At first glance of Sexy by Joyce Carol Oates, you’d think that this story was about the life of a handsome boy and his love life. But after you open up the book, you discover that it’s not all about the glitz and glamour of being good looking, but instead the lessons of love, loyalty, and trust. Darren Flynn had always had troubles with talking to girls; it was just awkward. However, most girls would practically be filled with joy at the thought of him just talking to them. He understood that this was the way girls felt towards him, but didn't always have enough confidence. Some days he’d feel on top of the world, confident, sexy, but other days he just felt like nobody cared or saw him. One girl in particular, however, Darren is very fond of; Molly Rawlings. She’s a smart, quiet young lady that works hard at school to achieve perfection. Although this story isn't about his love life, the author did incorporate the connection between the two shy high schoolers.“Molly Rawlings was standing by her locker, wiping at her eyes . . . Darren’s first impulse was to avoid Molly . . . Seeing her so upset, though, made him feel a sudden rush of affection for her. He wanted to protect her! Went to comfort her, squeezing her arm, hugging her . . . It wasn't typical of Darren Flynn . . . to hang out at any girl’s locker, let alone be so openly affectionate.”Determined and respectful are probably the two powerful words that adults in Darren’s life think of him as. This year, as a junior, he made varsity on the North Falls swim team but it doesn't just stop there. Darren works strenuously hard to keep up, improve, and achieve the same abilities as the better swimmers on the team. Coach constantly compliments him on his perseverance and other teachers are surprised to witness how well mannered he is. “Good work, Darren. But you can do better. Coach Ellroy was always saying this. Darren knew it was a compliment; definitely Coach didn't say this to all the guys . . . Swim your heart out! What else do you have? . . . he’d lost count of the laps, he was confused now, his vision blotched and he was only just swimming because . . . he’d forgotten how to stop.”Who can anyone trust? This was a major question that was present throughout the entire novel. After an English teacher failed several swim team students because of a tough essay, they wanted revenge; not just any old prank, something that would really affect him. Darren couldn't trust any of his friends, they were even lying to the authorities. Somehow Darren wanted out of this mess, but who could help him?“So say something, Jimmy. You could.” . . . “Darren you know I can’t. And you can’t either. Anything I said or you said, the other guys would deny it; it’s their word against ours. We can’t snitch out our friends . . . The cops and the DA people made up their minds right away, and they won’t change their minds . . .” The plot was fairly simple to realize; trust. This was apparent in the story as soon as the main conflict with Darren and a tough English teacher, Mr. Tracy, began. Suddenly, the teacher shows a little bit of interest in Darren and makes him feel uncomfortable, which creates the whole idea for the students’ revenge. Darren couldn't trust anyone; his teachers, friends, family, and even Molly Rawlings, his secret crush. I awarded this novel four out of five stars because it was an eventful book with many twists and turns. This novel also had a lot to tell and was like no other book I had read. Sexy taught the lesson of what can happen and how tangled you can get when you’re caught in a web of lies like Darren and his friends were in. However, this story didn't really have a clean finish, or tie up the loose ends very well because it didn't explain what all happened with Molly Rawlings and Darren and it didn't conclude whether or not people found out the students were lying. Although I do have a feeling the author had the intentions of keeping the ending open, that wasn't quite the style I enjoy best, unless there is a sequel.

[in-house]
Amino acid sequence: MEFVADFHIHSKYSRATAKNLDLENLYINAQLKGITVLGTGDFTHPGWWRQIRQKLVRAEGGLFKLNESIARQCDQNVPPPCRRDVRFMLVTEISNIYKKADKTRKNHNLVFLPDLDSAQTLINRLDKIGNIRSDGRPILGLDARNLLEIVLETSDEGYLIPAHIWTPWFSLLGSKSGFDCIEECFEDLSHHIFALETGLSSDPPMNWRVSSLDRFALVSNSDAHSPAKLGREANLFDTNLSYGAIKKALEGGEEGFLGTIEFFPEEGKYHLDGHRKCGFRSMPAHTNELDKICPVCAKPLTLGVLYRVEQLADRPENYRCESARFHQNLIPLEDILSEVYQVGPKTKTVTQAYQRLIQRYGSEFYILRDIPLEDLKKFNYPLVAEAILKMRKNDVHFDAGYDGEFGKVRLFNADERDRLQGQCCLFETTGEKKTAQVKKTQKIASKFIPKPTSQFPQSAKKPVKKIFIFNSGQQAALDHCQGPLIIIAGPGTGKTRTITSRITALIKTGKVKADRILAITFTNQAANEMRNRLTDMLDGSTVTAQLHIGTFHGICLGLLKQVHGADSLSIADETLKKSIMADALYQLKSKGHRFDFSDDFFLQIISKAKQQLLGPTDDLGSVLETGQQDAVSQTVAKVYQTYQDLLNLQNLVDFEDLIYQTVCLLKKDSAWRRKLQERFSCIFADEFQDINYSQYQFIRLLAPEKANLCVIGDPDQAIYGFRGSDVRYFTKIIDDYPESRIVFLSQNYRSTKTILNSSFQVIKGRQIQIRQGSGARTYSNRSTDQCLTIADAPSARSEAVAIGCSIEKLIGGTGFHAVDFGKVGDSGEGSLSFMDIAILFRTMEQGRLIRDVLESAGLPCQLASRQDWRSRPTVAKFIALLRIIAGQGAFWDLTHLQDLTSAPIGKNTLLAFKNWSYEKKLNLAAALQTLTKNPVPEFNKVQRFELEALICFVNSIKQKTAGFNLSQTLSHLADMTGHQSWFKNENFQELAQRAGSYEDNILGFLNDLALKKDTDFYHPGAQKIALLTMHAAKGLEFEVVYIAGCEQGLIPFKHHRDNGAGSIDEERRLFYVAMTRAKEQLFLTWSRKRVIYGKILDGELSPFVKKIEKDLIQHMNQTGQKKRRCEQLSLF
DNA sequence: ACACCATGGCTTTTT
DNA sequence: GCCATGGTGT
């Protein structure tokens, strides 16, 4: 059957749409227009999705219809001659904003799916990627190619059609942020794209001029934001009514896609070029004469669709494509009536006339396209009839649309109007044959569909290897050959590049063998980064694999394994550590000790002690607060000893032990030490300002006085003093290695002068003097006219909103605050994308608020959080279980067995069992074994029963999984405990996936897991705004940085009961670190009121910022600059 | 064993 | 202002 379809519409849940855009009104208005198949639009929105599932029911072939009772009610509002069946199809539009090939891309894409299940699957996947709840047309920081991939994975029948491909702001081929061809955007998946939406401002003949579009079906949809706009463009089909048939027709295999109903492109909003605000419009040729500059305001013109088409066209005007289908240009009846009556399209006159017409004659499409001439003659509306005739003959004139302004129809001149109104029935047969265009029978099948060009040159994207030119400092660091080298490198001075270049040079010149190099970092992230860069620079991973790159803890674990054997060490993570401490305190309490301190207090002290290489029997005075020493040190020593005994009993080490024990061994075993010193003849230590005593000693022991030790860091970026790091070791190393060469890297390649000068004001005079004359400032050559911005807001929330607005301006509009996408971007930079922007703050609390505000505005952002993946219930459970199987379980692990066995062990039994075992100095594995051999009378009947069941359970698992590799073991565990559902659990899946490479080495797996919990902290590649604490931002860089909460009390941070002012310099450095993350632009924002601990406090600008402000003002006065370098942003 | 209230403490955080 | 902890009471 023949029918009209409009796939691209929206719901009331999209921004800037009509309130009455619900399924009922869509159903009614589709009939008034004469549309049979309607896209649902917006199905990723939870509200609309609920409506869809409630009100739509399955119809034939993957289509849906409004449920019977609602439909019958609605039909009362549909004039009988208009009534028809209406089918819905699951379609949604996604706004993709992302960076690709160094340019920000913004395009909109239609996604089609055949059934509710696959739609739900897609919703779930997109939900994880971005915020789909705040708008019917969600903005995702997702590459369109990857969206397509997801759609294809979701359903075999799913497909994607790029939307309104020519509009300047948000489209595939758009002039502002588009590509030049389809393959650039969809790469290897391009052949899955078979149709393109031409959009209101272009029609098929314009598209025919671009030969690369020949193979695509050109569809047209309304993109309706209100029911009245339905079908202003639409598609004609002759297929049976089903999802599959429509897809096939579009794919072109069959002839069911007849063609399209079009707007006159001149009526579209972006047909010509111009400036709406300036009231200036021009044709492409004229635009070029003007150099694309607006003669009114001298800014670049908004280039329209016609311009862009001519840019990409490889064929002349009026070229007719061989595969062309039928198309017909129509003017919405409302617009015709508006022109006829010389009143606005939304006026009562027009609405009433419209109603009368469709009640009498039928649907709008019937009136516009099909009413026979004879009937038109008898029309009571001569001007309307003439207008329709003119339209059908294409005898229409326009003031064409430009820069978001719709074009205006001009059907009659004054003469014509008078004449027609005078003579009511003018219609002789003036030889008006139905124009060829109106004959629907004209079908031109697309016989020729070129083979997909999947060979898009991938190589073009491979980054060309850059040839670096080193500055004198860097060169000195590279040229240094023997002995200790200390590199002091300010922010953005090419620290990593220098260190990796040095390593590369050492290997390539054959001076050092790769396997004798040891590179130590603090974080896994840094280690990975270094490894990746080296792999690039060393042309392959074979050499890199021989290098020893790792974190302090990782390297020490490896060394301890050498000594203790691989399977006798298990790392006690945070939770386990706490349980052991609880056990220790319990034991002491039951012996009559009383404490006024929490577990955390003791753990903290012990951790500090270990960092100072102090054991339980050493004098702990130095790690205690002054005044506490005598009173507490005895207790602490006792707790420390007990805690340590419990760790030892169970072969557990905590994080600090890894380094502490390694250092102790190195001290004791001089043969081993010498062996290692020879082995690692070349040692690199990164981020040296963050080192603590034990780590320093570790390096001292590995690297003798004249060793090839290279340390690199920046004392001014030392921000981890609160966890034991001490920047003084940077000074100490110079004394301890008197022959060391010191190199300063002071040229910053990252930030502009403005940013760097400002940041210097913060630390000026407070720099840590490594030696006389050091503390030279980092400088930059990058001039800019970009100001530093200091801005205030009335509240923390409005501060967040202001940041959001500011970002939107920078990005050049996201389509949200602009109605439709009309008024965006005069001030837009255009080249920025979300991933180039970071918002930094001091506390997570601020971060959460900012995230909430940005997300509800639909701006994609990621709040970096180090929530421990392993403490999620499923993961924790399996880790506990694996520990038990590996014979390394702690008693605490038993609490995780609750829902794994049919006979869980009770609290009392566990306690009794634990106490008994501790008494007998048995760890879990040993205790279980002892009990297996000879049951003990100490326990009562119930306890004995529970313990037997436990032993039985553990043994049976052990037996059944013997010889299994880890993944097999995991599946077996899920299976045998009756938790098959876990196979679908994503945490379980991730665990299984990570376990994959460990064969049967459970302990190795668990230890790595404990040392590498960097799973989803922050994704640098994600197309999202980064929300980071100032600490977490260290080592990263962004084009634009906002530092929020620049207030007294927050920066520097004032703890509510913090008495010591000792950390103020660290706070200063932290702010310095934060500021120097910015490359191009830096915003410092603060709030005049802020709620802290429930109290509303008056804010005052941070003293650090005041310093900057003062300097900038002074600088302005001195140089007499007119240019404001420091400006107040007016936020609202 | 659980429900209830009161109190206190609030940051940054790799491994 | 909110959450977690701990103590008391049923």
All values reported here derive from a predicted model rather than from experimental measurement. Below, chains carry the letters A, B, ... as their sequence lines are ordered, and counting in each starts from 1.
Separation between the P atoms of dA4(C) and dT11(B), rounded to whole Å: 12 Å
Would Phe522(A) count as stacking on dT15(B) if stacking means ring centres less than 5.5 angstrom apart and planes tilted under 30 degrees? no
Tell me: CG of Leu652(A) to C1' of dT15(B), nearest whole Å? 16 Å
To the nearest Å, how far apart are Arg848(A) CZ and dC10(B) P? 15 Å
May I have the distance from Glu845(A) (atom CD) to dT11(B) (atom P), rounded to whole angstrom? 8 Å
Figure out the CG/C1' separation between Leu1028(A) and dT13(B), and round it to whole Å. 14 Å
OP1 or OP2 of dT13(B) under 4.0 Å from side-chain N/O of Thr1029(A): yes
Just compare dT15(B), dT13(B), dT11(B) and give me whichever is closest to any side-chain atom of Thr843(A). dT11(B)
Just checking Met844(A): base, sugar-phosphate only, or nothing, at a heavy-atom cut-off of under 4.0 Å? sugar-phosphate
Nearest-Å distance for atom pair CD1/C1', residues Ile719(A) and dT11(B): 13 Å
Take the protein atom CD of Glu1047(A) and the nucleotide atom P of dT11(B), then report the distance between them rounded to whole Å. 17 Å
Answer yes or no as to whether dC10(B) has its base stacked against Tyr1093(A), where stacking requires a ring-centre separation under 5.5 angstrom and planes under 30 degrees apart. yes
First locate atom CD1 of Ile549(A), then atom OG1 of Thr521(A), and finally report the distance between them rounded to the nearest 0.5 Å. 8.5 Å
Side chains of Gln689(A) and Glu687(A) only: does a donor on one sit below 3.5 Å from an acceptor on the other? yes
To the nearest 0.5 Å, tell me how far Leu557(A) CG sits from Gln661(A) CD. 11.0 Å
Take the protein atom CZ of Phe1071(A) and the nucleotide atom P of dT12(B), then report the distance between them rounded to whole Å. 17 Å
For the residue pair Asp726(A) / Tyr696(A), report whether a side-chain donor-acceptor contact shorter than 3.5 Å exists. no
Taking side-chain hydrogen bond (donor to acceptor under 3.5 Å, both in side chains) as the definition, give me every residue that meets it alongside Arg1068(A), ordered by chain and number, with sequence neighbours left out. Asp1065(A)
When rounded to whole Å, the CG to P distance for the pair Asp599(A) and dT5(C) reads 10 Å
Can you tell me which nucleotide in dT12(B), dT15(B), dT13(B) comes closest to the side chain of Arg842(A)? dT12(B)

• Mariano Hortal